This weekend, we are observing Father’s Day, a day we honor our fathers or recall favorite memories of our childhood with our dads. My dad, Lucious Hord, has been gone for a number of years, but I have many fond memories of my childhood with him and his love for his wife and two daughters, Monna and me.
I remember how he sat through many piano recitals to hear his daughter be one of the last to perform her piano piece. He complained every time we had a recital, but he was right there on the front row when the time came being the proud papa.
Daddy gave me my first driving lessons even though I took driver’s education in high school and got my license then. One Saturday he asked if I was ready for a driver’s lesson. My sister, Monna, who is six years my junior, and her puppy crawled into the back seat to go along for the excitement.
We took off going west on Crawford Street and, at first, everything went OK. It had rained the day before and Lillis Lane, which now runs north and south by McDaniel School, had not been paved and was a street of ruts. Fortunately, in 1949 it saw little traffic.
Aside from a few scary seconds when I got out of a rut and did a little sliding, the road from Crawford to Morton went OK. Morton Street, before Wal-Mart and all the other businesses, was just a low-traffic street. We turned east and headed back into town.
When we were approaching Armstrong Avenue and Morton Street beside Central Ward School, Daddy told me to slow down and turn right. In my excitement, I sped up and tried to turn right.
With Daddy and Monna yelling for me to stop and the puppy barking, I drove into the middle of Central’s playground.
I think that’s when the decision was made that I should take driver’s education, and Louis Carlat took over and successfully taught me to drive.
Daddy was a big tease. He loved to aggravate in a teasing way that made you love him more. When I was small, his grandmother, my great-grandmother, Lizzie Hawkins, lived with his mother, Nannie Davis. We called her Grandma. She was born in the mid-1800s and always wore a long dress with long sleeves and a chemise that she called a “shimmy.” She also wore an apron all the time. He would rather tease grandma than eat and loved to untie her apron strings. I have many memories of her chasing him through the house with a broom with her apron flopping in the breeze.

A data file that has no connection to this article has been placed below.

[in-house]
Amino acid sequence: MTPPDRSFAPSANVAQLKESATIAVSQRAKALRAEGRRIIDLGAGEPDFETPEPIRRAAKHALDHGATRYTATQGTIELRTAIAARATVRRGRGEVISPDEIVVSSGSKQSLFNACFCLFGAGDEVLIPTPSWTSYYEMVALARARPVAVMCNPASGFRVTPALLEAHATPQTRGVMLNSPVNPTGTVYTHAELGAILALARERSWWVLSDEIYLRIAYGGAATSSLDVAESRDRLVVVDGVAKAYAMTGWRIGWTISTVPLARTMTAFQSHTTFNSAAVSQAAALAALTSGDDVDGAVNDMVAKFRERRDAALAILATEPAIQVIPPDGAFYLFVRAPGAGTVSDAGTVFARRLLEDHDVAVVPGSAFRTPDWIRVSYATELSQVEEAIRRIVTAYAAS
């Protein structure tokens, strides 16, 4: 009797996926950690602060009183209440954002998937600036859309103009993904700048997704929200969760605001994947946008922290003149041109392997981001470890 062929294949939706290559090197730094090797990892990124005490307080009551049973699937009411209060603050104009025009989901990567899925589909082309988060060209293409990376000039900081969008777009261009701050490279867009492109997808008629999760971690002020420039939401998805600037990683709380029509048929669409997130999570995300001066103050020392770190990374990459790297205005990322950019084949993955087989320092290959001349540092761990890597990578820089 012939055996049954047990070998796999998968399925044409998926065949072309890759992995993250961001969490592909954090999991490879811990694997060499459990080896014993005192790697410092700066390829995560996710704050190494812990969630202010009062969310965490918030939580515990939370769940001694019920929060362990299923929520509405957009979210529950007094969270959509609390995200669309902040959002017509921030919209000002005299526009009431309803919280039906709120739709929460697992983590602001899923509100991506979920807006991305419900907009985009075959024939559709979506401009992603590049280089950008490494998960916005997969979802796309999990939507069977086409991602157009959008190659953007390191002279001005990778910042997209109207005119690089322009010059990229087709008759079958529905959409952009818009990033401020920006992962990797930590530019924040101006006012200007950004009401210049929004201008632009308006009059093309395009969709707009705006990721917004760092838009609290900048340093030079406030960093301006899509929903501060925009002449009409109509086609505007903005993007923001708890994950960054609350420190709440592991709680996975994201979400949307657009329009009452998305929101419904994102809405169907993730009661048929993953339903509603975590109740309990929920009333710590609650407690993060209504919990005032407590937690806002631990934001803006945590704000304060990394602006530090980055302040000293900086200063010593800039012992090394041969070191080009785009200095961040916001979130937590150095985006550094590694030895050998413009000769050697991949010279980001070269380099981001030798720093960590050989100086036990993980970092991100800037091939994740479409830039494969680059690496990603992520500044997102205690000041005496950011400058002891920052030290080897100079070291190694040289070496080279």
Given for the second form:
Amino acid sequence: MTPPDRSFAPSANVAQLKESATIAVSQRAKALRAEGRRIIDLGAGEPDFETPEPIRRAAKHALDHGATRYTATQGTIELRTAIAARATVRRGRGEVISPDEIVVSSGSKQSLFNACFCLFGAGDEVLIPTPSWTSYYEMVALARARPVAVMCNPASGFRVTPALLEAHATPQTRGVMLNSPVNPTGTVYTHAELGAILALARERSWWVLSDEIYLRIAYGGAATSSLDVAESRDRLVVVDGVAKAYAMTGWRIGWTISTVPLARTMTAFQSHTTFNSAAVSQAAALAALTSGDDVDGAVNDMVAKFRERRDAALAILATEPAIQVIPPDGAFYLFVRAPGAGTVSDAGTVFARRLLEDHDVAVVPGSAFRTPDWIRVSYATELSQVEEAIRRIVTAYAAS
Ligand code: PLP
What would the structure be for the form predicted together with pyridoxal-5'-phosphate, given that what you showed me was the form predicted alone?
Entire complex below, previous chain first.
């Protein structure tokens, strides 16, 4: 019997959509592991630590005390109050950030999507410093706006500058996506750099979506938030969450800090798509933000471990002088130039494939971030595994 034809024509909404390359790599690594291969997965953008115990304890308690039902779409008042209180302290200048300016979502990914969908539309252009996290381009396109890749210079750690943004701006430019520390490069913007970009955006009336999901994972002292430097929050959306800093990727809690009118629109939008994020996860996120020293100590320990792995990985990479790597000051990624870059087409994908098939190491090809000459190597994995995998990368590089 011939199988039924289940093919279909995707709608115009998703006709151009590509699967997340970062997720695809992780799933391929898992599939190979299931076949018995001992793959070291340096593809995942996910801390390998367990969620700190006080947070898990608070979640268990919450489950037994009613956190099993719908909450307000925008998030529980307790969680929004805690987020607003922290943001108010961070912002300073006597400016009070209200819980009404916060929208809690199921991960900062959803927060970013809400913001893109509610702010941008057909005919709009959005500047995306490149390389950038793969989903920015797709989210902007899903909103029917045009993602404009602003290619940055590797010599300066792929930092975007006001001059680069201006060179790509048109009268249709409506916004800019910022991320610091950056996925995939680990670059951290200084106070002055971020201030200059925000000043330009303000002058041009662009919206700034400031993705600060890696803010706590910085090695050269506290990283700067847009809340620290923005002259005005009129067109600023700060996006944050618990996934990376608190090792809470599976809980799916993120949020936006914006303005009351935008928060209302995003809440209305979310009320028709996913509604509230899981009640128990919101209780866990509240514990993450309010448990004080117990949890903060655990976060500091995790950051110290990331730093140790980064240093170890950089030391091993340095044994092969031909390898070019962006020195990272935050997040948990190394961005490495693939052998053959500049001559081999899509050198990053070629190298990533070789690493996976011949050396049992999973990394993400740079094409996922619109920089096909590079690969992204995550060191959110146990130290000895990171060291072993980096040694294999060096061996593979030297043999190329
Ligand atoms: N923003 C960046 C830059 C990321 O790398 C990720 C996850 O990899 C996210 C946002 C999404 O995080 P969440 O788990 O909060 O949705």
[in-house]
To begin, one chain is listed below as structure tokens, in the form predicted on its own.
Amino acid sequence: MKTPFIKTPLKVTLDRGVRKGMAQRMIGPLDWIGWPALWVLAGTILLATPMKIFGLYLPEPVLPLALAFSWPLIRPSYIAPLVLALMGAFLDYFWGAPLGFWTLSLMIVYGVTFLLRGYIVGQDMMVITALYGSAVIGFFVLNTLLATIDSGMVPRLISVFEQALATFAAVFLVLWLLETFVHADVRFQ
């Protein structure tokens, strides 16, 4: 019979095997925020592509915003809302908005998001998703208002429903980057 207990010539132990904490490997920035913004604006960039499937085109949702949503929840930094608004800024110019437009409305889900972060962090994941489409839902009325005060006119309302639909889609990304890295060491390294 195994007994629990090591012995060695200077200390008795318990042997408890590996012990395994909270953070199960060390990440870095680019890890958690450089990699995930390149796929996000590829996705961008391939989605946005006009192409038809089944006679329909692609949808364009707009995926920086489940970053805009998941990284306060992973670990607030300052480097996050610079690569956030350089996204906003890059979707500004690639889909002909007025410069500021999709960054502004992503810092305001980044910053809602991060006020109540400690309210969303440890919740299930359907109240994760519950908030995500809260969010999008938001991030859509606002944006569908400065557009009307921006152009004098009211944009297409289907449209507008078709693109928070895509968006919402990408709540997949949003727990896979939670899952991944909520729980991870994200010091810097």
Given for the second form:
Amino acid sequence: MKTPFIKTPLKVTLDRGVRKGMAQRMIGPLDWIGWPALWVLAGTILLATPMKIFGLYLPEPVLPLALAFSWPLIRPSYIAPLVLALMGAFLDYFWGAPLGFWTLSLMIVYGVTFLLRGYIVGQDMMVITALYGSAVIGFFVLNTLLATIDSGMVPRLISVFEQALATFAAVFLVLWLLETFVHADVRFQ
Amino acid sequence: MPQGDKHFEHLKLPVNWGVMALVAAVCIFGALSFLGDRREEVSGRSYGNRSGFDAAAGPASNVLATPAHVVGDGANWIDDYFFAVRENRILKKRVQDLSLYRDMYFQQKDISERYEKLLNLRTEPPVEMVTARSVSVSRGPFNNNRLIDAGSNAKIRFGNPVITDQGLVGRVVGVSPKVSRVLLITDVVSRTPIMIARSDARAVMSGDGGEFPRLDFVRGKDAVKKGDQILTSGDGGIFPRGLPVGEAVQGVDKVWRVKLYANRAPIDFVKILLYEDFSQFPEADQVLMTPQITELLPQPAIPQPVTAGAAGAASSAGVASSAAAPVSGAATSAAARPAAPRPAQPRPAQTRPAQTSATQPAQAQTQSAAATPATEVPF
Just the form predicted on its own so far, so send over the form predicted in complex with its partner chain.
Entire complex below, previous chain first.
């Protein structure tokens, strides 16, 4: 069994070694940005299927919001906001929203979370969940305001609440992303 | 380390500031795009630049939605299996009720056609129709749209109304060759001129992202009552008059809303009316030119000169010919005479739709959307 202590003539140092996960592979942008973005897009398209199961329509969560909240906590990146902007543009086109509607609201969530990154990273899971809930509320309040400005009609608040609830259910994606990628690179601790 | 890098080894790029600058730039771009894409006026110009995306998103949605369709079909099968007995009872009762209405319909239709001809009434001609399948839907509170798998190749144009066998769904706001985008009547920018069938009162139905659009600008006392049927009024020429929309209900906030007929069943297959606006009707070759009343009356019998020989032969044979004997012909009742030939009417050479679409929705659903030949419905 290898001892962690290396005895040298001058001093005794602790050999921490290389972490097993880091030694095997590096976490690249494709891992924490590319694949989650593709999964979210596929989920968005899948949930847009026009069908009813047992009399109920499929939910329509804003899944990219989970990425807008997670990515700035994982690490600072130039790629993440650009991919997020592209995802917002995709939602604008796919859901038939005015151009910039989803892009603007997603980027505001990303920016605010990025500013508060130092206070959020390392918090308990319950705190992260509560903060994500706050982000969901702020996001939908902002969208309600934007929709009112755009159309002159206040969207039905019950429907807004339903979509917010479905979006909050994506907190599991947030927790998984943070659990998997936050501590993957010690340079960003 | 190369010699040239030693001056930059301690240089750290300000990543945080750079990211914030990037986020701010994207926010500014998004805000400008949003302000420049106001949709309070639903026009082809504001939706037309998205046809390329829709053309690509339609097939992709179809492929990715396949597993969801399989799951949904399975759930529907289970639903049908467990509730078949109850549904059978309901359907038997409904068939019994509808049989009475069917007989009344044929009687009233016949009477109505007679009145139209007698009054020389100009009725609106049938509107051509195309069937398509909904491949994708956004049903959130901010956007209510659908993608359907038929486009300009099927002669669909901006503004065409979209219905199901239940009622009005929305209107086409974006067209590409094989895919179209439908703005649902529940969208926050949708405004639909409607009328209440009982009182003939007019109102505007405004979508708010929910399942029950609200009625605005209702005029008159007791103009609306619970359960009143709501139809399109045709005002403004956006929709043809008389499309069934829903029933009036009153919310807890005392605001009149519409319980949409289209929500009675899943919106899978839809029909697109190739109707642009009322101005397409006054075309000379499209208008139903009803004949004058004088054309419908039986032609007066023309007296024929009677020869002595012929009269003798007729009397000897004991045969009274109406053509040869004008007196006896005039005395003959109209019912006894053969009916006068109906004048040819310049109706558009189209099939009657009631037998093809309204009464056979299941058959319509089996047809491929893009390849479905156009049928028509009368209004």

He loved bacon and eggs and would eat them twice a day if Mother, Inez, would let him. As he aged and did a lot of cooking in the morning and at night, that’s exactly what he ate. In addition, he loved working in the front and back yards at their home at 931 West Crawford Street. He had flowers in the front and back yards and kept the grass groomed to perfection.
Homemade ice cream made in an old-fashioned, hand-cranked mixer was a real treat for Daddy when we had company. Mother mixed the milk concoctions and Daddy went to the ice house for a big block of ice. Using an ice pick, he chipped big chunks to freeze the ice cream. The real work was in cranking the old machine while keeping ice and salt packed around the ice cream can as it turned around and around. My sister was younger and smaller, so it became my duty to sit on the freezer to anchor it while Daddy cranked the lever. Towels protected my bottom, but what kept me there was the thought of a dish of his homemade ice cream. The only thing better was a dish of Ashburn’s delicacy, a favorite with everyone in town.
In my high school days, there was usually a midnight preview at the Rialto Theater and Daddy was the designated driver. With a group of my girlfriends, a trip to The Hive, Denison’s youth center, usually ended with us walking to the Rialto for the late-night show.
Daddy, bless him, would get up from his “nap” when I called for a ride home, come to town, make the drag a couple of times, then deliver my friends safely to their homes.
Daddy loved to fish below the Denison Dam, but he rarely caught anything. It became a joke in the family whenever he gathered his fishing gear, put on his fishing hat and old clothes and took off for the river. We waited for our fish dinner that rarely took place. He had fun though, sitting quietly on the river bank and solving the problems of the world.
Daddy was a Denison Yellow Jacket fan from way back, especially when his grandsons were playing. It didn’t matter if it was basketball, football or baseball, he was there if he had an opportunity to go.
Daddy was a caring person. My mother was the love of his life and my sister and I were his pride and joy. I loved him dearly and will always remember him with special thoughts, especially on Father’s Day.
Donna Hunt is former editor of The Denison Herald. She lives in Denison and can be contacted at email@example.com.